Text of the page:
Spotting WAFs is normally quite easy, their behaviour tends to be one of two things, either modify the query so what is sent to the server is missing malicious user input, the basic approach would be to remove certain keywords such as UNION, SELECT, CONCAT etc, if you find your requests being modified and returned without these words you've found a WAF which is removing them. The second method is to throw up either a 403 error page (Forbidden) or throw up some other custom error page with any number of custom error messages. You can tell if this is a WAF by re-sending the same query but removing keywords one at a time, if you've removed some keywords and the page renders correctly afterwards then you know you're dealing with some kind of WAF.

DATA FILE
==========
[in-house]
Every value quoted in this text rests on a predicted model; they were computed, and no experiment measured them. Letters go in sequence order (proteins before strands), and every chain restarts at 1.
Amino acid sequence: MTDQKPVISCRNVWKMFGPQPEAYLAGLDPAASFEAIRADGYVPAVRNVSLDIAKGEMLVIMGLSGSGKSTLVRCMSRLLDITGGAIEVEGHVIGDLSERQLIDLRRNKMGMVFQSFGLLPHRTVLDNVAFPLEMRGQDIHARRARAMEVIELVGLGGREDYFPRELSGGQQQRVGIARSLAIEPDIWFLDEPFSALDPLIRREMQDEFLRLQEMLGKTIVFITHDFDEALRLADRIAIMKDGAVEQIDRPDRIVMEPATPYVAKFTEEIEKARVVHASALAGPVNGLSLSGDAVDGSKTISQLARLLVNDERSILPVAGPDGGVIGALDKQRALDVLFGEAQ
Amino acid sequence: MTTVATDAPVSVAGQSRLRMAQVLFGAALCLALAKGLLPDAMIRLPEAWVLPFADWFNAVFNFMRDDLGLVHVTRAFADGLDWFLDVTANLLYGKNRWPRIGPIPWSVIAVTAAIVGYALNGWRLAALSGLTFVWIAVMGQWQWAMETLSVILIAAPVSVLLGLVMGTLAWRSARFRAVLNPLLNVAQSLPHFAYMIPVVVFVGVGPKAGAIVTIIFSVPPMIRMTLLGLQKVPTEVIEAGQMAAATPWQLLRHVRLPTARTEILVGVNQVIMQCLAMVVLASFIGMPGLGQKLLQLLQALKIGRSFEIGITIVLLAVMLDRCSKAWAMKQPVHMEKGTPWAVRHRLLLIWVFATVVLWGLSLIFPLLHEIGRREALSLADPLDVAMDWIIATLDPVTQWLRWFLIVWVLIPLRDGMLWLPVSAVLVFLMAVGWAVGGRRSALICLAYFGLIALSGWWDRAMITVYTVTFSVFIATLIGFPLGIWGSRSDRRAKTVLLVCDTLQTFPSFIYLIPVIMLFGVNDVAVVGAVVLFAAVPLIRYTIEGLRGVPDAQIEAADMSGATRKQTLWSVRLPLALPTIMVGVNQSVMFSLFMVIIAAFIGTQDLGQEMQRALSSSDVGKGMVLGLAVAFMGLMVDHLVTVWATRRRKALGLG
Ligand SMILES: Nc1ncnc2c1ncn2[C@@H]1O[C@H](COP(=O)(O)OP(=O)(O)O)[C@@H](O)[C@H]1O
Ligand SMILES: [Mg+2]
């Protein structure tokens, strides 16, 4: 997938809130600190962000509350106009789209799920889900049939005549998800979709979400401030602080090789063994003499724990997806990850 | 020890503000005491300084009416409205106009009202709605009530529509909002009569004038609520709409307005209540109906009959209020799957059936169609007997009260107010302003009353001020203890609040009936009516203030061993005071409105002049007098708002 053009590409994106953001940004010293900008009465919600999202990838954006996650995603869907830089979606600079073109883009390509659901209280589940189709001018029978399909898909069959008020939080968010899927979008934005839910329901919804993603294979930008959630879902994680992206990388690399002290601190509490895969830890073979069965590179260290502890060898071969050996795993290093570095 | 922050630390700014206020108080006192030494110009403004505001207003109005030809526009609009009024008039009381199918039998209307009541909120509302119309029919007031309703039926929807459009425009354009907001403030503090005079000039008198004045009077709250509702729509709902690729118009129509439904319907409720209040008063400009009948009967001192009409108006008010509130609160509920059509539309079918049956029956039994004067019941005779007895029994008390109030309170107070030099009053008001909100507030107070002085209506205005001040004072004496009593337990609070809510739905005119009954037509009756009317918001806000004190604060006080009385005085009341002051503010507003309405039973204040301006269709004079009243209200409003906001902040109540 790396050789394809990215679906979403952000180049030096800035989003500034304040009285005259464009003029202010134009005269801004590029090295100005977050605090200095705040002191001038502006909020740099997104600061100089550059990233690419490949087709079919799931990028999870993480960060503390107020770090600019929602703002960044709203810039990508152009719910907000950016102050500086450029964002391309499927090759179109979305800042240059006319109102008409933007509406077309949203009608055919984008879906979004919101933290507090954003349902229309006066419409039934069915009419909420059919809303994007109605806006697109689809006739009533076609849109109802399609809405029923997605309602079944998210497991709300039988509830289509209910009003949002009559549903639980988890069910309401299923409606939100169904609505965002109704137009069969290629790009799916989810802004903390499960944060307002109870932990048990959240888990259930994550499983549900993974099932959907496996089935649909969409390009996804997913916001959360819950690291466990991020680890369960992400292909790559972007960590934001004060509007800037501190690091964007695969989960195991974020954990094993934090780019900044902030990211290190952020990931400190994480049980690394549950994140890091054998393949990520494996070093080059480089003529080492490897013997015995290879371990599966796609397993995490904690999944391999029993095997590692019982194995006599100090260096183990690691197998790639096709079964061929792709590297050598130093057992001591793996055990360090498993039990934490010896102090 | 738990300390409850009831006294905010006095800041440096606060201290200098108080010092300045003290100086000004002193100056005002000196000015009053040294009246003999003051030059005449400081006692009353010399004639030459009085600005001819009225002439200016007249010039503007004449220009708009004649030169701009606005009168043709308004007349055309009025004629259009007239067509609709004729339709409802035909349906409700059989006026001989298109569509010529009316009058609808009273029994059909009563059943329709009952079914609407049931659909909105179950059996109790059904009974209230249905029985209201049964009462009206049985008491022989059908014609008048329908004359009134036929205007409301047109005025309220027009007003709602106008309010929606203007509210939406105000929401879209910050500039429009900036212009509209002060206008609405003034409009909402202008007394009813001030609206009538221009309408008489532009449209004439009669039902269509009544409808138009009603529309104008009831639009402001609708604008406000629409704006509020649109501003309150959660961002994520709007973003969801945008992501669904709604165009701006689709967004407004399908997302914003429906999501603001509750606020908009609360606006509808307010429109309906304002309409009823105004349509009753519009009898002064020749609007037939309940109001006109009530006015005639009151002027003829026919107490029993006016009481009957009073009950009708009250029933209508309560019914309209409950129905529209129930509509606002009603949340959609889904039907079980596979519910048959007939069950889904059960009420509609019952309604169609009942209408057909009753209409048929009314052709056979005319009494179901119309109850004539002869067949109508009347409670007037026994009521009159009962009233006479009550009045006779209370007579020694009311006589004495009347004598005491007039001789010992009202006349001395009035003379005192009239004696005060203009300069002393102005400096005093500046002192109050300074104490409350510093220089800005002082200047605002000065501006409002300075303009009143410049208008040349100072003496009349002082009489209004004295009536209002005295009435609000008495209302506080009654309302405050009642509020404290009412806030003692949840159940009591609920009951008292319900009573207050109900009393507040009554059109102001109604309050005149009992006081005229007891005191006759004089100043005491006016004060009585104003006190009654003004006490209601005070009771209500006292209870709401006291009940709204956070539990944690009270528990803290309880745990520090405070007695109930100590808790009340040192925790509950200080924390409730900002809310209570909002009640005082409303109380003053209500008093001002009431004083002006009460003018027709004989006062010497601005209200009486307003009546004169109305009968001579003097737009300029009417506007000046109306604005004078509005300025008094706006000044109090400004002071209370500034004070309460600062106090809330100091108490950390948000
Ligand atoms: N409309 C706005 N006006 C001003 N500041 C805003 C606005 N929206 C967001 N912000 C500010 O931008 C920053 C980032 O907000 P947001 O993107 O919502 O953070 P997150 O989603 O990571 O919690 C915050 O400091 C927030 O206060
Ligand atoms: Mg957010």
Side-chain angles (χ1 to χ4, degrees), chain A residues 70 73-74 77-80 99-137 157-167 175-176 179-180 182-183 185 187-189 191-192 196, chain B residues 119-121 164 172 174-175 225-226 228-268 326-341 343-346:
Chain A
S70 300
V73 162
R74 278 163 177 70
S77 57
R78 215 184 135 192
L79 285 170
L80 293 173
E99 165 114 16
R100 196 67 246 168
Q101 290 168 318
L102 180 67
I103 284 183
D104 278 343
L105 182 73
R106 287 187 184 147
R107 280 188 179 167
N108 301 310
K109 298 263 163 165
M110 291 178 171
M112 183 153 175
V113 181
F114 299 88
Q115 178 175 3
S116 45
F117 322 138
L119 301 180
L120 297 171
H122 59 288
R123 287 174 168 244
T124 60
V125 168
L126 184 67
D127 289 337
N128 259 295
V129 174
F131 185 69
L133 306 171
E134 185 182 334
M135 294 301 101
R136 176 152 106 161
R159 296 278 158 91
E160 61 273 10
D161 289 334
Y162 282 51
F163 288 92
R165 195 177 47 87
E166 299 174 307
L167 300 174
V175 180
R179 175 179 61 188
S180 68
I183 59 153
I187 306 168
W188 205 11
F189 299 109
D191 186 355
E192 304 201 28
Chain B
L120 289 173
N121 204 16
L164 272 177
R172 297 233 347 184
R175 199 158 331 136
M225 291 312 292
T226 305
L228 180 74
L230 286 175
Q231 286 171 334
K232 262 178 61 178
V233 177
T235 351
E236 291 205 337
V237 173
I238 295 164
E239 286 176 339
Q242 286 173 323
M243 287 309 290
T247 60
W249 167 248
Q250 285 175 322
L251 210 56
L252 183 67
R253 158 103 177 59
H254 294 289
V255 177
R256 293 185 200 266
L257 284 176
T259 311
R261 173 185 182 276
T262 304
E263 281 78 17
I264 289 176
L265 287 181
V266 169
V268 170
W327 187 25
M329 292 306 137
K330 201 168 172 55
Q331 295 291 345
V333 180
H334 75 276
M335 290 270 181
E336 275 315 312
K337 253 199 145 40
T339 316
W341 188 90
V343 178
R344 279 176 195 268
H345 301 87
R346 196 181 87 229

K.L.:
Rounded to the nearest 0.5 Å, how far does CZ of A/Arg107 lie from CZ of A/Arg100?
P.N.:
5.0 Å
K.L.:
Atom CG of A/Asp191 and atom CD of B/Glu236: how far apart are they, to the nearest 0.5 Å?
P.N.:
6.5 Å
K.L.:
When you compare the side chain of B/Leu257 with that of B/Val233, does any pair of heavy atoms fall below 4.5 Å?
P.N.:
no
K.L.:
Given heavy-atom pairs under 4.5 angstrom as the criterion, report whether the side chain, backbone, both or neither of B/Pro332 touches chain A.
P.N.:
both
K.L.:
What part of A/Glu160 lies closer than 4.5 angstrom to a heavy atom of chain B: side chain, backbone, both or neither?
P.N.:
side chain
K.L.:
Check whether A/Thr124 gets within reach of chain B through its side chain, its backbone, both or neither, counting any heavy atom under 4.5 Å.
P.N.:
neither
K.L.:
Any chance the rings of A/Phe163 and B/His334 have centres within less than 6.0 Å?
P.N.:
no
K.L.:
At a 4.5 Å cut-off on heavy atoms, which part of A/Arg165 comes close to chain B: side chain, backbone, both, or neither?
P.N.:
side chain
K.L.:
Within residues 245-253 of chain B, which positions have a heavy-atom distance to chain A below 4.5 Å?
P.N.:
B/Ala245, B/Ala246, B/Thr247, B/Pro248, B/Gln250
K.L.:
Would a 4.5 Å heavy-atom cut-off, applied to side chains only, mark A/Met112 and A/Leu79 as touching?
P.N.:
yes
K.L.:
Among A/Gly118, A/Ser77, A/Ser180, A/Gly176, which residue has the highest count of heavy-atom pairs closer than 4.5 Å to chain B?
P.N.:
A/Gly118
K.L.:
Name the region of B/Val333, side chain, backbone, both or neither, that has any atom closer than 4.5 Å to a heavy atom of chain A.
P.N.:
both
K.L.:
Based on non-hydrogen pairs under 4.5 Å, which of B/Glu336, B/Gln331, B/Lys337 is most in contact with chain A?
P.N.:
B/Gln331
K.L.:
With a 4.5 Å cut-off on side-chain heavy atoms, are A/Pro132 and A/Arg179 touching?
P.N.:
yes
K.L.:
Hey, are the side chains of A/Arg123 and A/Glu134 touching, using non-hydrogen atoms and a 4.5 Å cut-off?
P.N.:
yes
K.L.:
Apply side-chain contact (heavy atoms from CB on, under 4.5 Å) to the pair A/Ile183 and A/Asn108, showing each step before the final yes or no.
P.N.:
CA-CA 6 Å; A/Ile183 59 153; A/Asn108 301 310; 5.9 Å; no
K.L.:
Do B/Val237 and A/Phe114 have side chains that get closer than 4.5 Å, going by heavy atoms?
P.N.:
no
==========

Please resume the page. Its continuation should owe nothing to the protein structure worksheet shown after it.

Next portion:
Enumerate illegal keywords

The first thing you should do is work out which keyword are tripping up the WAF, start with basic user input you know is allowed past the WAF and mark this as your baseline test. Now you need to add keywords into that baseline and test to see if the WAF reacts. Do this one keyword at a time and make a note of what is and isn't allowed, in the case of SQLi it's best to try all of the common SQL keywords, some common ones are listed below but this is not exhaustive:
  • SQL Commands
    • SELECT
    • UPDATE
    • DELETE
    • JOIN
    • UNION
    • WHERE
    • ORDER
  • SQL Functions
    • concat()
    • group_concat()
    • hex()
    • cast()
Apply some trial and error and get a feel for what is allowed and what is not.